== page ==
I schlepped up the stairs of Keynes College the next day, passing the bar and lamenting the fact that I had to go to class and couldn’t just go to the bar for a couple of hours. I made it up to the seminar room, walked inside, and saw that I was one of the first ones in there. There was a girl across from me, attractive, short brown hair, and I recognized her from the doomed fiction reading last term and nodded.
A few minutes later, a couple other people trickled in—one guy who looked like he hadn’t slept last night, and the untucked shirttail and the stamps on his hands backed up that thought—right before Todd. Todd’s a guy about my height and build with James Joyce glasses and a skeptical face. He started off the conversation with a resounding, “So. You guys read Atlas Shrugged? Big piece of crap, huh?”
A deafening silence filled the room. The Brits weren’t used to this—and, frankly, I wasn’t expecting to have an American as a professor here. As far as I knew, the Americans on staff were in the Politics department. Anyway, the British professors were very British about their teaching method, as far as I could tell: Stoic, reserved, business as usual types who’d rather be doing anything else than working, and, frankly, didn’t care that much about what you were working on. To hear a professor come in with a statement that decried a work so fully instead of something like, “While this text is flawed, we must take into account that” etc etc, was—even to me, who’d had a screenwriting professor call Michael Bay “the biggest sack of cow dung ever to crawl out of the sewers,” this was jarring. But, that was probably because of the time that had lapsed between when I’d been in America and when I’d been in Politeness Land.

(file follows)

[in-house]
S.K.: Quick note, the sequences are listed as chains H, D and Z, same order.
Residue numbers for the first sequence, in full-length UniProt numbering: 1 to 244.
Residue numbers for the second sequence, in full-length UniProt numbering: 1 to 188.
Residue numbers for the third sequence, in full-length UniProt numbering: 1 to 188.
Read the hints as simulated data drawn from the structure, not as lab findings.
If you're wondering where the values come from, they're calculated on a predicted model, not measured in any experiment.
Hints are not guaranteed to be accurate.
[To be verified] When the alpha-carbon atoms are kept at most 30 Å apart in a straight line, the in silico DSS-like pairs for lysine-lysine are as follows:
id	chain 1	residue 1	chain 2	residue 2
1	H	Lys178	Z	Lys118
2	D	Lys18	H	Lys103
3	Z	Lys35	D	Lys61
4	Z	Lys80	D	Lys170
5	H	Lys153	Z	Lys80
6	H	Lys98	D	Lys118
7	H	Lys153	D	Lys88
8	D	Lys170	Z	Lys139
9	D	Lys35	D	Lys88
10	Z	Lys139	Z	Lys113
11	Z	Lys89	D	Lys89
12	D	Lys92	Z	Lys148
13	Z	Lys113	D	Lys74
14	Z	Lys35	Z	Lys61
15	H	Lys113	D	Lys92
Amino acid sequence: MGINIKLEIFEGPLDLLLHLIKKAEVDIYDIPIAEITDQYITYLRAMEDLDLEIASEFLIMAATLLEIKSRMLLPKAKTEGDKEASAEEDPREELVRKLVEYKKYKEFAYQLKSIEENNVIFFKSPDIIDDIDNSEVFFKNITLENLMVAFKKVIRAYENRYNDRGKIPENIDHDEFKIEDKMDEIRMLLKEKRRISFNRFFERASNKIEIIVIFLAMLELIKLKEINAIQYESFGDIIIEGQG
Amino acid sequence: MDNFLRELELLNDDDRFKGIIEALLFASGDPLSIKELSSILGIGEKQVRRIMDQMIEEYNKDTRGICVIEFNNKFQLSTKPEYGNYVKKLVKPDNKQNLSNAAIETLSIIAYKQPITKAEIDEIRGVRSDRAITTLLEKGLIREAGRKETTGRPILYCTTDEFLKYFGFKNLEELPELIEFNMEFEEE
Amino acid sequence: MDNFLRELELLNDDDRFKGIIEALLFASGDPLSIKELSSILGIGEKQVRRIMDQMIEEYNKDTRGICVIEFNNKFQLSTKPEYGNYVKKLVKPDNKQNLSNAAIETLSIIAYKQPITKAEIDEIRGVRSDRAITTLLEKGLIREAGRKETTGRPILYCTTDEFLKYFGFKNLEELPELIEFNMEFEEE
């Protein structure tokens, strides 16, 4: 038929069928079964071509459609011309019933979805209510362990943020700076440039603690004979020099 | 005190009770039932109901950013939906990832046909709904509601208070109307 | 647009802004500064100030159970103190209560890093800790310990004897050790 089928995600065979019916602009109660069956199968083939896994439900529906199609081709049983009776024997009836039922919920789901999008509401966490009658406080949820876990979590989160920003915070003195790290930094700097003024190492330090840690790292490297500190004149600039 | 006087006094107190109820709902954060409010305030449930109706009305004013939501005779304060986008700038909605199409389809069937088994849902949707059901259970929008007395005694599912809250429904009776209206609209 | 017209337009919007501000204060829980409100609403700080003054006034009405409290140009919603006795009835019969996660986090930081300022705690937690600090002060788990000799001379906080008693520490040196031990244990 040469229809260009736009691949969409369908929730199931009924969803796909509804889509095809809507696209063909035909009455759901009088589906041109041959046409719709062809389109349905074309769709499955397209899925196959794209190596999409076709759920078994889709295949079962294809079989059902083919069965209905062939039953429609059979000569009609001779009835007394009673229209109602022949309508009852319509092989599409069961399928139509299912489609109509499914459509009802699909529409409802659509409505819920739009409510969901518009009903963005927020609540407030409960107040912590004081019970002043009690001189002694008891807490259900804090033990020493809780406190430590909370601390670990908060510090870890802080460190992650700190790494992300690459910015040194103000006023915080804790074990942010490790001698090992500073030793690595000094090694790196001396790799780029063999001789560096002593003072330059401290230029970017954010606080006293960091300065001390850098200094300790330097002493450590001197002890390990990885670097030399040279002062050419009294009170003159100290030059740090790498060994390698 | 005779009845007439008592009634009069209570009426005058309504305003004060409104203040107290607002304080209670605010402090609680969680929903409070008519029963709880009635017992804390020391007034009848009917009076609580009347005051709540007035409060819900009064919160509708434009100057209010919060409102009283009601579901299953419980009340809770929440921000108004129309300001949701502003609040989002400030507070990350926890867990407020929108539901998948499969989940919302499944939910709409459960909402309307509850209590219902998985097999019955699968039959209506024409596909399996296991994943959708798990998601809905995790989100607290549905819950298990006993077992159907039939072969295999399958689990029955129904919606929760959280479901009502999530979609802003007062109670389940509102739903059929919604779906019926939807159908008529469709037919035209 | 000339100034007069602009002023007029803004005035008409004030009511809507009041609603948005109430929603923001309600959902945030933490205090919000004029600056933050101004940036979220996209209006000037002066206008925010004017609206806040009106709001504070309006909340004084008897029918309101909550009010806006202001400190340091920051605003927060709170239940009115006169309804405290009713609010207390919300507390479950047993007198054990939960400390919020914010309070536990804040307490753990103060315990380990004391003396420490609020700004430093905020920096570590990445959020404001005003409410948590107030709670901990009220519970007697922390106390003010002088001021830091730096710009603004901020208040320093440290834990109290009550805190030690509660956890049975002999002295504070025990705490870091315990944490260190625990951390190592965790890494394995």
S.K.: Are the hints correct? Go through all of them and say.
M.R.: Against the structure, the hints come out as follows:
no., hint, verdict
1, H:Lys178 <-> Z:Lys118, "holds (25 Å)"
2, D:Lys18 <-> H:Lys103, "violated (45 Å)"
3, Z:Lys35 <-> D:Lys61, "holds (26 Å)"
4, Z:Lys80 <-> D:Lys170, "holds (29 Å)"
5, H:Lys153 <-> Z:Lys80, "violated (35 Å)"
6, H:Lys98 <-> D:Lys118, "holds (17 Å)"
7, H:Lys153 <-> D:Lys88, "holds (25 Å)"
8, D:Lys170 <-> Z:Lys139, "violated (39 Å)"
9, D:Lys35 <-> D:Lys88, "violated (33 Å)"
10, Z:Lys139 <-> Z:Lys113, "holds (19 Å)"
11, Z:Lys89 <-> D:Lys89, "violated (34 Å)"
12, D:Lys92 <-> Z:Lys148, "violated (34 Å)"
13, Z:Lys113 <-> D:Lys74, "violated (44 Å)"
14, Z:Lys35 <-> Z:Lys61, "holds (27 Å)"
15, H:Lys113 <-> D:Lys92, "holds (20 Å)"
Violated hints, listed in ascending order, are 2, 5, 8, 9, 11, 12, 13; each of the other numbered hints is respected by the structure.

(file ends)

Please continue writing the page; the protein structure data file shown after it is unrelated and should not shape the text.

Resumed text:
“So...” said the guy who looked like he’d just come from the club, “does that mean we don’t have to read the book if we haven’t started yet?”
“What?” asked Todd. “You—yeah, you still have to read the book. Well, I guess I wouldn’t know you hadn’t if you didn’t write about it for the final essay, but, you know, read the book.”
“Huh,” said the guy.
“I know a guy who read it for fun,” I said. This is how I added to conversations in literature courses, which also explained how I never made above an A minus in them. “He was a huge fan of Ayn Rand.” I punctuated it with a nod.
“Oh, hey, you’re American. Where you from?”
“Nashville and Ohio.”
“No shit? What part of Ohio?”
“Cool, my people are from there.”
For a moment, I envisioned a group of literature professors and writers, as a tribe, coming from Akron—which was a quasi-industrial city most known for tires and their Triple A baseball team. It was an odd image, and, briefly, I wished that my brain would stop sending these things instead of something useful.
“So,” he said, “what’d you think?”
“I think it’s interesting that Rand has such a staunch hatred of government, yet took aid herself. But yeah. Big ole pile of crap. 500 pages of terrible dialogue, yadda yadda,” I waved my hand through the air, seeming to dismiss the whole thing from my high horse of literary knowledge. Of course, I hadn’t read the book at all, but I had read several articles online about how crap it was, and I’d learned from a professor my sophomore year that it was all about how well you could bullshit.
“I know, right?” Todd said. He made a retching sound. “And people take this stuff seriously. By the way, this will essentially be the tone of every discussion we have. Let’s go through the syllabus.”
We did. Every novel was met with a sardonic remark about the author’s hypocrisy, the fact that ranting didn’t make for good reading, and then, to close, a collective wish that people had better senses of humor. We left the classroom, and I called Giggles to see what he was up to.